October 18, 2010

Press Summary Archive

New Open Europe briefing: The EU's Galileo satellite project could cost UK taxpayers £2.6 billion more than originally planned

18 October 2010

Open Europe has published a new briefing showing that the cost to European taxpayers of developing and running the EU's Galileo satellite project for 20 years has gone from €2.6 billion under the original estimates (from 2000) to €22.2 billion, according to recently leaked information. Meanwhile, the UK's contribution towards the cost of completing and running the project has gone from £385 million, under the original estimates, to £2.95 billion, under the revised figures. In other words, the bill for British taxpayers has increased by £2.6 billion compared to the original budget.  Originally, Galileo was to due be finished by 2008 and chiefly financed by the private sector. But the private investors pulled out, citing a lack of commercial prospects for the project. Consequently, Galileo became completely taxpayer-funded and is now not expected to be up and running until 2017/2018.

News of the World reported the findings in the briefing and quoted Open Europe’s Mats Persson saying, “The government must resist calls to hand over even more taxpayers’ cash until it’s clear that this ludicrously expensive project will actually generate some benefits.”
Open Europe press release Open Europe research

Commission expected to table proposals for EU tax tomorrow
AFP reports that the Commission is expected to table proposals for an EU tax tomorrow in its review of the EU budget. On his Economist blog, Charlemagne argues that, instead of proposing EU taxes, “If the EU really wants to be kind to the taxpayer it might do better to find ways of spending less money. One need not be a veteran of the EU bubble to spot some obvious savings: end the expensive practices of moving the ministerial caravans from Brussels to Luxembourg for three months a year, and of splitting the meetings of the European Parliament between Brussels and Strasbourg.”

On Conservative Home, Conservative MEP Martin Callanan writes that he and his colleagues are seeking to keep the EU 2011 budget down.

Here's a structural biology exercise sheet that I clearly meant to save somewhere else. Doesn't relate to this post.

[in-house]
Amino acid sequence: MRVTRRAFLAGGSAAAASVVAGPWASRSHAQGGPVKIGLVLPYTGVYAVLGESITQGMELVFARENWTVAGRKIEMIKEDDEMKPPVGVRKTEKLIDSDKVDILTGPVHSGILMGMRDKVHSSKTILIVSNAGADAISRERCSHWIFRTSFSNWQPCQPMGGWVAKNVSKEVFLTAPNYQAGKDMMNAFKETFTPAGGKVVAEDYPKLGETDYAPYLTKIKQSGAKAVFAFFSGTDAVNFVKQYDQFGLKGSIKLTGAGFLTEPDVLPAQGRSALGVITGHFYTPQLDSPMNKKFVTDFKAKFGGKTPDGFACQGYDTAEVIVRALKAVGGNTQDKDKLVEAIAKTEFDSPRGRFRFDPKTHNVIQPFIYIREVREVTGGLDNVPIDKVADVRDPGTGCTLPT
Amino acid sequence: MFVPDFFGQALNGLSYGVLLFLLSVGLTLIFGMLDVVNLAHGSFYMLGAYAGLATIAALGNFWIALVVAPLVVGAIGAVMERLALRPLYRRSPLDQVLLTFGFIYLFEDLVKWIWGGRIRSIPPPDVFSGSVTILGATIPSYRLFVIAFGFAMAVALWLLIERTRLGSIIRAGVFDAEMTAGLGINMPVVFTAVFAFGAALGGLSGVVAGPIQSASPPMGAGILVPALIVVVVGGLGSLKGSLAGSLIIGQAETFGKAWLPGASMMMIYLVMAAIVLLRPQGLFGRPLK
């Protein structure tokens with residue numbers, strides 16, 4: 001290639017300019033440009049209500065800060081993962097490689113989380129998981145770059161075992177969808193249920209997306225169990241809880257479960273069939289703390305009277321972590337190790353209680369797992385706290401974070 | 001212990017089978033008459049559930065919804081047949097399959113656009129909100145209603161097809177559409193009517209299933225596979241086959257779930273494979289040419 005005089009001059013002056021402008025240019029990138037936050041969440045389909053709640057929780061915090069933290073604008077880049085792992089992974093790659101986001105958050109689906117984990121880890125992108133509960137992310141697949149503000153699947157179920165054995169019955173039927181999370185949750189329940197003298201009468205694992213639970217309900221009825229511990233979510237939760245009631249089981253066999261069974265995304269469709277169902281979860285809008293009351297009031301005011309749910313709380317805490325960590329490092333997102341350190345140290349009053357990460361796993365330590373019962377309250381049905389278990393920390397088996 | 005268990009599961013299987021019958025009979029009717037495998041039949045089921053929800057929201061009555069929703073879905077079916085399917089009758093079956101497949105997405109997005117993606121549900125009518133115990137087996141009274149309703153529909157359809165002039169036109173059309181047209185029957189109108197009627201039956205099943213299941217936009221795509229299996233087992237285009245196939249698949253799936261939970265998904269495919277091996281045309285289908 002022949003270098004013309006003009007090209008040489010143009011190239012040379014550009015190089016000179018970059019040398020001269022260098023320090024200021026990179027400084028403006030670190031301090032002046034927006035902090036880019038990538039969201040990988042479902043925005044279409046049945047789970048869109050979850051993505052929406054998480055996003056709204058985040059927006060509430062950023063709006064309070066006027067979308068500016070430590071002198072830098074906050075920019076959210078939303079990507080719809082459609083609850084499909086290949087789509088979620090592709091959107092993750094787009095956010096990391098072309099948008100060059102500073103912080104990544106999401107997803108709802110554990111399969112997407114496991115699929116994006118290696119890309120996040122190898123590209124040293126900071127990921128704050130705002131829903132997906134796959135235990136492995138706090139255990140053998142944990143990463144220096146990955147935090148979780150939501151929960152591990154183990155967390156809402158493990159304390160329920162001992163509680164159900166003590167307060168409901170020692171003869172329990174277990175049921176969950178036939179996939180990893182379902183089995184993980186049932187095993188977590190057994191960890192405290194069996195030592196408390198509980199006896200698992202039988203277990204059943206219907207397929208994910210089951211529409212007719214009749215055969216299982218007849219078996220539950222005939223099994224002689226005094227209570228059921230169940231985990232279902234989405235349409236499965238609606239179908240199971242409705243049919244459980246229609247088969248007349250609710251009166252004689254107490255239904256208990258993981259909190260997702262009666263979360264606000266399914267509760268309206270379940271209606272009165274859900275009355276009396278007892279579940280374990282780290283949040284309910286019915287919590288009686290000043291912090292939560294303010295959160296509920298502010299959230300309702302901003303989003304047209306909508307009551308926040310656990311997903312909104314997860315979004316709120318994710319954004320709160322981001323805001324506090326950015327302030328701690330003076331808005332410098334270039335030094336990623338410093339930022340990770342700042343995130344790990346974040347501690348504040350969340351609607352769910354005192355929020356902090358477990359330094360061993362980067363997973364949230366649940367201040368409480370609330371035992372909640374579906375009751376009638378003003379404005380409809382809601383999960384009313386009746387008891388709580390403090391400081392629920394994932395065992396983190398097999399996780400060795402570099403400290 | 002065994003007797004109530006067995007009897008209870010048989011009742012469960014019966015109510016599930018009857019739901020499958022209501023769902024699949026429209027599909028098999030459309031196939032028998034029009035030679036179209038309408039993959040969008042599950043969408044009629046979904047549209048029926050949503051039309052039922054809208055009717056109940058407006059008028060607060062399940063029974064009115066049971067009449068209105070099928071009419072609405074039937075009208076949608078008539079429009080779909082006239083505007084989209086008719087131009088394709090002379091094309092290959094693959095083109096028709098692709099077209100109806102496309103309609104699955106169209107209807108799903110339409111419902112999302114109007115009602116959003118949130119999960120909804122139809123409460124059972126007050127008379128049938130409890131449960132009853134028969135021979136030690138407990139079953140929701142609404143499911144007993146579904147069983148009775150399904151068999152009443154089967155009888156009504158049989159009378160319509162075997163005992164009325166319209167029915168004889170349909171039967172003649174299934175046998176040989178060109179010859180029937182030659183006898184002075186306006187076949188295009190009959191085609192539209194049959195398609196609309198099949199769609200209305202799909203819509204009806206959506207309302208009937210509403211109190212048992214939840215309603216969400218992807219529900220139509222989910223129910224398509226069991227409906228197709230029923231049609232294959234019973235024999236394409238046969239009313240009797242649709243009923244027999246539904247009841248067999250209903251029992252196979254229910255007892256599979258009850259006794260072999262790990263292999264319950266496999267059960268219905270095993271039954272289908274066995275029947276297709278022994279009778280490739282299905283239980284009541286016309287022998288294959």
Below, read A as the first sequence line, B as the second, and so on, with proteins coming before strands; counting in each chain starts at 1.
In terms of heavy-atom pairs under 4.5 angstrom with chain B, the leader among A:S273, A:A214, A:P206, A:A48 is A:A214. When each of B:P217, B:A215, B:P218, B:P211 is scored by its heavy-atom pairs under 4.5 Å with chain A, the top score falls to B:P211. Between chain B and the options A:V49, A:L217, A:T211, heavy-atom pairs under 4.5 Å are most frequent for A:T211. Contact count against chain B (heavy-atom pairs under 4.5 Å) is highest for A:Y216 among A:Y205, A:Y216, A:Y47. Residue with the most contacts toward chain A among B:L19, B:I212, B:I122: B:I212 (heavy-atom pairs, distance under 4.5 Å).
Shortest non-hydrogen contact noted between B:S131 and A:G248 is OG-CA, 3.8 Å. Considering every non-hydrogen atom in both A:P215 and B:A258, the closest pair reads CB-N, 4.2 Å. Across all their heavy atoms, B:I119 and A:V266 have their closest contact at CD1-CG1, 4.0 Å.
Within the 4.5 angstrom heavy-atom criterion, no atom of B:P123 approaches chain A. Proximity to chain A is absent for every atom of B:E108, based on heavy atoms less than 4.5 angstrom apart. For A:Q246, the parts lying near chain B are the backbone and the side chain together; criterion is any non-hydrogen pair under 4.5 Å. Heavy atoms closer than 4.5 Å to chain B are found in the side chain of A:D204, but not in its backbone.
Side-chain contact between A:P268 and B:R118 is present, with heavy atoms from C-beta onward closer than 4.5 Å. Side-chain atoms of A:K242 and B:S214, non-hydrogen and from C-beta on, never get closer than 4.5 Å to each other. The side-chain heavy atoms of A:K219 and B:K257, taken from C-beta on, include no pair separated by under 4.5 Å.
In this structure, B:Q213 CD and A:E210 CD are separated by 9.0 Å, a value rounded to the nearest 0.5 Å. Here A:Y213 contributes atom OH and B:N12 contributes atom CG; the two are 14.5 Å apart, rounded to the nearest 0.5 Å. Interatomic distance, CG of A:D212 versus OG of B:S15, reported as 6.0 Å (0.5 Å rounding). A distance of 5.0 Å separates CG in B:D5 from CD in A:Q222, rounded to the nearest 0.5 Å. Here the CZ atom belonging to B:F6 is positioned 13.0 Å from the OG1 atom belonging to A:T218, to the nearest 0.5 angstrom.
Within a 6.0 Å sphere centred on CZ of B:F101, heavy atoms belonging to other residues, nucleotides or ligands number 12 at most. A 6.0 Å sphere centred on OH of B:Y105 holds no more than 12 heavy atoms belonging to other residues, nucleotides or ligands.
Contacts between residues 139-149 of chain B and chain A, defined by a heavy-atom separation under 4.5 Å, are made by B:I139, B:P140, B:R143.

AFP  Conservative Home: Callanan El Mundo Sky News Economist: Charlemagne

Former EU Commissioner Bolkestein: “EU elites don't understand that the EU is doing too much”
In an essay in Dutch daily De Volkskrant, former European Commissioner Frits Bolkestein writes that the "EU is on the wrong track", arguing that “the European institutions have learned nothing from the thundering ‘Nos’ in the [French and Dutch] referendums. Current theory in Brussels is that they haven't explained their work enough. Europe's citizens don't understand what it is all about, according to the European elite. But they themselves don't understand that the EU is doing too much." On the problems with the euro, he comments, “The Achilles heel of the Monetary Union is that ‘one size fits all’ doesn't work between countries with different economic cultures. The dividing line inside Europe isn't between East and West, neither between centre and periphery, but between North and South. That problem isn't easy to solve".

He further laments Commission President Jose Manuel Barroso’s desire for more ‘economic coordination’. “Coordination of what?” he writes. “I'm afraid that means less competition. That would be a bad thing.”
Volkskrant: Bolkestein

The Telegraph reports that Britain will attempt to block the controversial maternity rights plan proposed by MEP, a move that will cost British businesses and the Government more than £2.5 billion a year. MEPs will vote on Wednesday.

Van Rompuy’s taskforce on economic government to hold final meeting today;
Trichet hits out at Bundesbank President in interview